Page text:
This was a joint exhibition with Emma Bennett initiated/curated by Zavier Ellis, Co-Director, Clapham Art Gallery and Director, ‘CHARLIE SMITH london’ (which aims, via its links with galleries and curators, to promote emerging artists in an international context). There were 13 pieces exhibited in total: 8 by Shepherd and 5 by Bennett. Research imperatives: What is the relationship between imagination and reality as expressed through the process of painting? This research takes as its starting point the romantic precept that the intensely personal/imaginative experiences of the artist may be conveyed through the medium of painting. ‘Reality’, by contrast, presents a world in which images can be manufactured and are determined by a culture of cyberspace and mass media. How can memory and the past be visualised in painting?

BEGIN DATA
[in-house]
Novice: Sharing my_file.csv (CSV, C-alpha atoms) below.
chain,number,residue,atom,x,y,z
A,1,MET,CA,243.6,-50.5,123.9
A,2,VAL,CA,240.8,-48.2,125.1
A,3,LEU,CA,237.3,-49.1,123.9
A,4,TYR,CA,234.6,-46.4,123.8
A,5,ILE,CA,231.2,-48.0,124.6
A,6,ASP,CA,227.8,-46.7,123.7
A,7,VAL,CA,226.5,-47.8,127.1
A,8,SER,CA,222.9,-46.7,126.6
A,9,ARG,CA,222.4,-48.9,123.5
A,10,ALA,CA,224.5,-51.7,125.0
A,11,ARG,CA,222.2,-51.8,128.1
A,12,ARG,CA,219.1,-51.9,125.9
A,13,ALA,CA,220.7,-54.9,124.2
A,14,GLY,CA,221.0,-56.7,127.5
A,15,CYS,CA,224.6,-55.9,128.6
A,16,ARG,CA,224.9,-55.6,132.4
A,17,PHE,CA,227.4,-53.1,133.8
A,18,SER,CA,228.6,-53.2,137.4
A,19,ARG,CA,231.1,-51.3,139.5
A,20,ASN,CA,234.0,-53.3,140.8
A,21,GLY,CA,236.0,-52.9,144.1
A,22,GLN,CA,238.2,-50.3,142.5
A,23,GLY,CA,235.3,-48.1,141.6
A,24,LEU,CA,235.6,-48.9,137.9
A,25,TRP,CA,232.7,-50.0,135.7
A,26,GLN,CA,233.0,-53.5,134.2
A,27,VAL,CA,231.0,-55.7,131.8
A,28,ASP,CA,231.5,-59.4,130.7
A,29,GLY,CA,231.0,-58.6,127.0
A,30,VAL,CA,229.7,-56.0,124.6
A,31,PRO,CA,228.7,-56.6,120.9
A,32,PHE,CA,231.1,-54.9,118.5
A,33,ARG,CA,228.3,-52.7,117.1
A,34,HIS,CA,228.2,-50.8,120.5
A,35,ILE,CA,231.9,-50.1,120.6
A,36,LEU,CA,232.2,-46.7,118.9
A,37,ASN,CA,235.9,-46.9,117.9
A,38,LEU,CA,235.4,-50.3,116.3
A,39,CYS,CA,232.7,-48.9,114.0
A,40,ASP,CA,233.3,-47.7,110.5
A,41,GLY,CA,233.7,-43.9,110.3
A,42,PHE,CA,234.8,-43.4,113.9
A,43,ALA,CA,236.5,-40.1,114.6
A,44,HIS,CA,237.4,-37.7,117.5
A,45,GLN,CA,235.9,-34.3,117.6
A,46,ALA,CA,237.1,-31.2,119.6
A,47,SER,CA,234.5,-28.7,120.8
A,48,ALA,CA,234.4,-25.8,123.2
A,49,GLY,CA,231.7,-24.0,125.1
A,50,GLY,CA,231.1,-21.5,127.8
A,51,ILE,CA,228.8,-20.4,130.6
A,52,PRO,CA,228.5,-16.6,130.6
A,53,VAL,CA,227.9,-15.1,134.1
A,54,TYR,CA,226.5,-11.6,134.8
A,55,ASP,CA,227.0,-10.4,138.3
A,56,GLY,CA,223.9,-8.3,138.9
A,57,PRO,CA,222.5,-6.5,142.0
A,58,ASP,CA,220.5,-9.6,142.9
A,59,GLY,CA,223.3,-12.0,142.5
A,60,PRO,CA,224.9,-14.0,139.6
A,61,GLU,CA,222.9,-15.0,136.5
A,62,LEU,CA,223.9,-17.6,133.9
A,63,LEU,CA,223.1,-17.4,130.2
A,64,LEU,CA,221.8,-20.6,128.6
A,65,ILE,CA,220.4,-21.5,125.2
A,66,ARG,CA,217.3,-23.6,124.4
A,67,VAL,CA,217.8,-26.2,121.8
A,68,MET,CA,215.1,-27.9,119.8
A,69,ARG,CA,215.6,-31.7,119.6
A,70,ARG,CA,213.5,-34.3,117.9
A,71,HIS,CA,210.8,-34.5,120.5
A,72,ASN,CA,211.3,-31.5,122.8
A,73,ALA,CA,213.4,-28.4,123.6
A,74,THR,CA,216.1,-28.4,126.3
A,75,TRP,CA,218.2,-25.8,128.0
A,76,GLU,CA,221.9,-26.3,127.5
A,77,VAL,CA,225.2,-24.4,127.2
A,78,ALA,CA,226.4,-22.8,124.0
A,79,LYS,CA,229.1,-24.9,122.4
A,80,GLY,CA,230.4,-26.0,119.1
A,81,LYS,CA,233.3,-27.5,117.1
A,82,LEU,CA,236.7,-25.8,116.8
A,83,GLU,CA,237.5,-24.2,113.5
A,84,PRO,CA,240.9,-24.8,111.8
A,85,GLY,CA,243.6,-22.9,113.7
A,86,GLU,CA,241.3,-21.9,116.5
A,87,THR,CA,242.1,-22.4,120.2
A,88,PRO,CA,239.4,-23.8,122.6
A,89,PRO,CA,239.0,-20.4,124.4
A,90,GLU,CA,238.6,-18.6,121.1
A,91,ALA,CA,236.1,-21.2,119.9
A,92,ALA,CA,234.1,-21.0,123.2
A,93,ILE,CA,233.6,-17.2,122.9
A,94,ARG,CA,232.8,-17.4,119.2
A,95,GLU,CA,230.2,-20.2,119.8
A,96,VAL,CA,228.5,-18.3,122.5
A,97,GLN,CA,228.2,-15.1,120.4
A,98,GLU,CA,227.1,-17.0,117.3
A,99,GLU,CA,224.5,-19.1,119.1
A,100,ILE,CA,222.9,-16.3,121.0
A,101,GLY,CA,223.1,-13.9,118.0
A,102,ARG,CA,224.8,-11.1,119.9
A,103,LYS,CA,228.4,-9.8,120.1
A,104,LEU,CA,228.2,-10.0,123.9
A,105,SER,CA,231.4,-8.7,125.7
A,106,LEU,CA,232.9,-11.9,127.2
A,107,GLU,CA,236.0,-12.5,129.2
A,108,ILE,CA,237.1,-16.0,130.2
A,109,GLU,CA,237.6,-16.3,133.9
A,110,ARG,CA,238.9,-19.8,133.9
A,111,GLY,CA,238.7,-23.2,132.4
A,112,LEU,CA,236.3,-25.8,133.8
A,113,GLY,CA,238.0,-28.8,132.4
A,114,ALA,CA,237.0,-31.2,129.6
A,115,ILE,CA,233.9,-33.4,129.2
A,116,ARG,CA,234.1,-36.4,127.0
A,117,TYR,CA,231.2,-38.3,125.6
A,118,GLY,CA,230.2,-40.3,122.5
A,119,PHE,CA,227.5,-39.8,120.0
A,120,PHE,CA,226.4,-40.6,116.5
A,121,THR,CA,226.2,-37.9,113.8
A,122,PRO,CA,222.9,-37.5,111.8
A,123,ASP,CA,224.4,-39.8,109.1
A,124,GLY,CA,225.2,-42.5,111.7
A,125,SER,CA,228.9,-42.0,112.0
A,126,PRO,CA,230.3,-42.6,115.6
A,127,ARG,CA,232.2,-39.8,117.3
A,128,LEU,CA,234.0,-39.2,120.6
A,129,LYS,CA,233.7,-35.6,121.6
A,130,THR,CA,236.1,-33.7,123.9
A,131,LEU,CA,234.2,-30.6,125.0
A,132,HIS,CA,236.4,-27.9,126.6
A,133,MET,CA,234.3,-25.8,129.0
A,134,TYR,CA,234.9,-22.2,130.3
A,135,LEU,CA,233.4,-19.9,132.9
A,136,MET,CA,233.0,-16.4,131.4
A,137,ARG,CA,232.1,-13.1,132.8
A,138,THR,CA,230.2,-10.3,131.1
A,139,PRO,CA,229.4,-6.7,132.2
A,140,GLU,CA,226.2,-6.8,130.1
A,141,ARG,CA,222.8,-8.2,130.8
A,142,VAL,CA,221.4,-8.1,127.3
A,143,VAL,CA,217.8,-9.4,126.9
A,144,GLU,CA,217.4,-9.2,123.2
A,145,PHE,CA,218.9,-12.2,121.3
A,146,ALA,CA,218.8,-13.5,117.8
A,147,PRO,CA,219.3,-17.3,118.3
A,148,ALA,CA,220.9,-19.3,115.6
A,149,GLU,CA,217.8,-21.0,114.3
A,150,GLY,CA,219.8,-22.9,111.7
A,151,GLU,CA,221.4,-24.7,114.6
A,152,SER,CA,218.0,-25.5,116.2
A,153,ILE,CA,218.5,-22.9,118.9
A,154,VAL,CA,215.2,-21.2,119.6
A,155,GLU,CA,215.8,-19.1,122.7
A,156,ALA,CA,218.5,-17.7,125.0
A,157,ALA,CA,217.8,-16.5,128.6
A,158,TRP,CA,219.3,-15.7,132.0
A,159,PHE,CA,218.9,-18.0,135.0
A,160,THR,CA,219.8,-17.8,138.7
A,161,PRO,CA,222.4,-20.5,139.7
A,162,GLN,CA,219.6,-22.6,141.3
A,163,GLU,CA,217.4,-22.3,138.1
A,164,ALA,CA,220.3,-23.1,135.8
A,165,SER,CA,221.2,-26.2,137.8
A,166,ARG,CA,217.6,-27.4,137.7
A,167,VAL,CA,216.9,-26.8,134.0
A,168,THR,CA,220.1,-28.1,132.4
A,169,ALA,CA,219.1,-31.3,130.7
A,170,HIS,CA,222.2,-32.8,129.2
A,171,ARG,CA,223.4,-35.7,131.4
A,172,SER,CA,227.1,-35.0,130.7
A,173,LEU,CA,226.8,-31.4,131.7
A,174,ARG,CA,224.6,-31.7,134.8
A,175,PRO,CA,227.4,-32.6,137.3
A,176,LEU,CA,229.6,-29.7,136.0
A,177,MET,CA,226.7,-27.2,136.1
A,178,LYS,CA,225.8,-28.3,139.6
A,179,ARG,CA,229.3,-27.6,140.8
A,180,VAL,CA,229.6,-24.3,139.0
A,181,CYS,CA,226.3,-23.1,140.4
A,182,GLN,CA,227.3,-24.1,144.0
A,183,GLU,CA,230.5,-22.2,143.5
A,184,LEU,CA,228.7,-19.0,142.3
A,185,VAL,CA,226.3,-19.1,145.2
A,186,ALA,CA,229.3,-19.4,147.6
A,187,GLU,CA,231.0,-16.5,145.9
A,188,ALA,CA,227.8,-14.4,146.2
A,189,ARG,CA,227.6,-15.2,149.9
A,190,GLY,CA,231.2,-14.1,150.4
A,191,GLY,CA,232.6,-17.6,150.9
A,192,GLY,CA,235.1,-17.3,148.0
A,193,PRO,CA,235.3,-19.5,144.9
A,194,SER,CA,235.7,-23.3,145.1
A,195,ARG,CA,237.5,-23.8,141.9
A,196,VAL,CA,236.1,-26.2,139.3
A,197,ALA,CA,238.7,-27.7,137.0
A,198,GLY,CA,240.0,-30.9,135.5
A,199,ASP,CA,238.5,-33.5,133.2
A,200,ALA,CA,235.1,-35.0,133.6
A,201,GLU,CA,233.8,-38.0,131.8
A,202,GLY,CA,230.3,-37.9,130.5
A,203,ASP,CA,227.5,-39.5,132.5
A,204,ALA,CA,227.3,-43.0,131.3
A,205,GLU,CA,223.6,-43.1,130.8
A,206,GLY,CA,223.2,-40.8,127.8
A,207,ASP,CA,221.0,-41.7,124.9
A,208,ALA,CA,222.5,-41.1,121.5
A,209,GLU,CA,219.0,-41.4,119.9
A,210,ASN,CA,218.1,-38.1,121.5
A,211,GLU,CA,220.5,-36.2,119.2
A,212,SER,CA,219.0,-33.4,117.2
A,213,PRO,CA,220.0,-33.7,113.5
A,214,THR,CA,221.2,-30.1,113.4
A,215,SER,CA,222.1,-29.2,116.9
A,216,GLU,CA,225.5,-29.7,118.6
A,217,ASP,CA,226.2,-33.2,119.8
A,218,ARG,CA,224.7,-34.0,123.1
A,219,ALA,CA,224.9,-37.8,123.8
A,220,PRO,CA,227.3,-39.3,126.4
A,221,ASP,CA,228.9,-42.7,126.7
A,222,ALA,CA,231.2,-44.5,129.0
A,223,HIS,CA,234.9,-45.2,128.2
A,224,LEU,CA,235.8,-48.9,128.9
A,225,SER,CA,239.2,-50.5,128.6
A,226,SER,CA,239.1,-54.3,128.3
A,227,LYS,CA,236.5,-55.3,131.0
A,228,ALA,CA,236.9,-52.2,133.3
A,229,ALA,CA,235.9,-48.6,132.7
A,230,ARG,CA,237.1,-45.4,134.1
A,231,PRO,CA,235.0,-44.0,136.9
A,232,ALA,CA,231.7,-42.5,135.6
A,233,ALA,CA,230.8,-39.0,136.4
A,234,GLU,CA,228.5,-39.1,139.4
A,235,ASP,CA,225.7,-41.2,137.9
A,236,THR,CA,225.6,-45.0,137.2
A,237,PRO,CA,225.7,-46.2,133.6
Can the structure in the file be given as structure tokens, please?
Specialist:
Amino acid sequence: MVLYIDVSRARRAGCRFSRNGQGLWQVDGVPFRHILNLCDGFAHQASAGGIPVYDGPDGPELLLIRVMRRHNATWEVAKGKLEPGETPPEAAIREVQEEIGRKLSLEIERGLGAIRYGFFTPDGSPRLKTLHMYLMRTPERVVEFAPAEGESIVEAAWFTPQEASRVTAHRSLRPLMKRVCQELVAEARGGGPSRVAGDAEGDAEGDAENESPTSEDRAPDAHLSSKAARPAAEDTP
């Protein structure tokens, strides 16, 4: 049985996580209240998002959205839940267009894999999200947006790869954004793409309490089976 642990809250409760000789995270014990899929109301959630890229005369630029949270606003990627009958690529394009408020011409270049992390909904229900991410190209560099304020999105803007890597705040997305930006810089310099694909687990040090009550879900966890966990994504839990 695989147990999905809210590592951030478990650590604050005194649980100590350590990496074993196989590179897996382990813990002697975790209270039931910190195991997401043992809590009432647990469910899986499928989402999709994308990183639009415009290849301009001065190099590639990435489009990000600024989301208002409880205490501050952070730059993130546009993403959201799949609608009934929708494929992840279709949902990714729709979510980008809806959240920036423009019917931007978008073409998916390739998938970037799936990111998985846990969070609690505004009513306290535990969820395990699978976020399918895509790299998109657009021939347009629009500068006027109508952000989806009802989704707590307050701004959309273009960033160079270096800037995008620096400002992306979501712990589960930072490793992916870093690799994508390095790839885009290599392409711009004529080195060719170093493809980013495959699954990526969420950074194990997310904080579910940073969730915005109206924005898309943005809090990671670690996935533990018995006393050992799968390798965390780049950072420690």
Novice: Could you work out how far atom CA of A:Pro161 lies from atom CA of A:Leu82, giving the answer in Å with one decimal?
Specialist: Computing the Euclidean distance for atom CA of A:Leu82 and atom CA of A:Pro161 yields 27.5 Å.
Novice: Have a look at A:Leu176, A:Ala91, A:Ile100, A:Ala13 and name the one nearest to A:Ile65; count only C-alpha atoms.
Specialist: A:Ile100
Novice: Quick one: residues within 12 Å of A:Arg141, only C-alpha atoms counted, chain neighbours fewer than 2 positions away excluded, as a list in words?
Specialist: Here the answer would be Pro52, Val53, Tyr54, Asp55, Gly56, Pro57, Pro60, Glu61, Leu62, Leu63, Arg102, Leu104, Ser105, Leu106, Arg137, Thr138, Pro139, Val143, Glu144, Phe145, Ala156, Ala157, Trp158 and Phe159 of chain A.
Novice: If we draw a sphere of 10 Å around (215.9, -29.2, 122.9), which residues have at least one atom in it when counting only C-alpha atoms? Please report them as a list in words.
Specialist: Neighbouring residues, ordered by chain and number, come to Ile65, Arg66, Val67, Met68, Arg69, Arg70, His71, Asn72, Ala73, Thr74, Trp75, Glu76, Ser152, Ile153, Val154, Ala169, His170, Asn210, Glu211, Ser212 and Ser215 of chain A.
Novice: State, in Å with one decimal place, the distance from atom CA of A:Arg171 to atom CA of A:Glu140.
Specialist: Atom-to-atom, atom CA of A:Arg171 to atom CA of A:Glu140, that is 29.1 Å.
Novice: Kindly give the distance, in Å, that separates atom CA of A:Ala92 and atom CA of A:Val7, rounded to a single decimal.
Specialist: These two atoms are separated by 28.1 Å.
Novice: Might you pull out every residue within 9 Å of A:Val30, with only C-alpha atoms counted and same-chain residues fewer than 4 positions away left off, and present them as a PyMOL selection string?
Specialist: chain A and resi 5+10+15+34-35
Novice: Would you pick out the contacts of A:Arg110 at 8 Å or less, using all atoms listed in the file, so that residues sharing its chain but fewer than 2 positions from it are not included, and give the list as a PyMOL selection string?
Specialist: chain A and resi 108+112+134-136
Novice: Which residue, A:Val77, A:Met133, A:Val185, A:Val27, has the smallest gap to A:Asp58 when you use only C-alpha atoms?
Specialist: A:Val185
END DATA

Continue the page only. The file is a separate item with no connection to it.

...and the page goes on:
The research draws on the work of a number of very different artists of the late seventeenth/eighteenth/early nineteenth centuries, including Jean-Antoine Watteau (1684-1721) and Caspar David Friedrich (1764-1840) in order to reconstruct the present. In the process it explores the concept of memories as imbibed by ‘static’ artefacts, photographs and paintings, and expresses how this might be challenged by the contemporary world of moving images. ‘Between Dog and Wolf’ seeks to conteract the mechanical by allowing the unconcious to bleed its responses onto the paper through the process of painting and explores the ways in which paint can be scraped and dripped onto the canvas (with some areas deliberately left blank): the effect this creates is contrasted with ‘real’ images of actual places/landscapes and figures.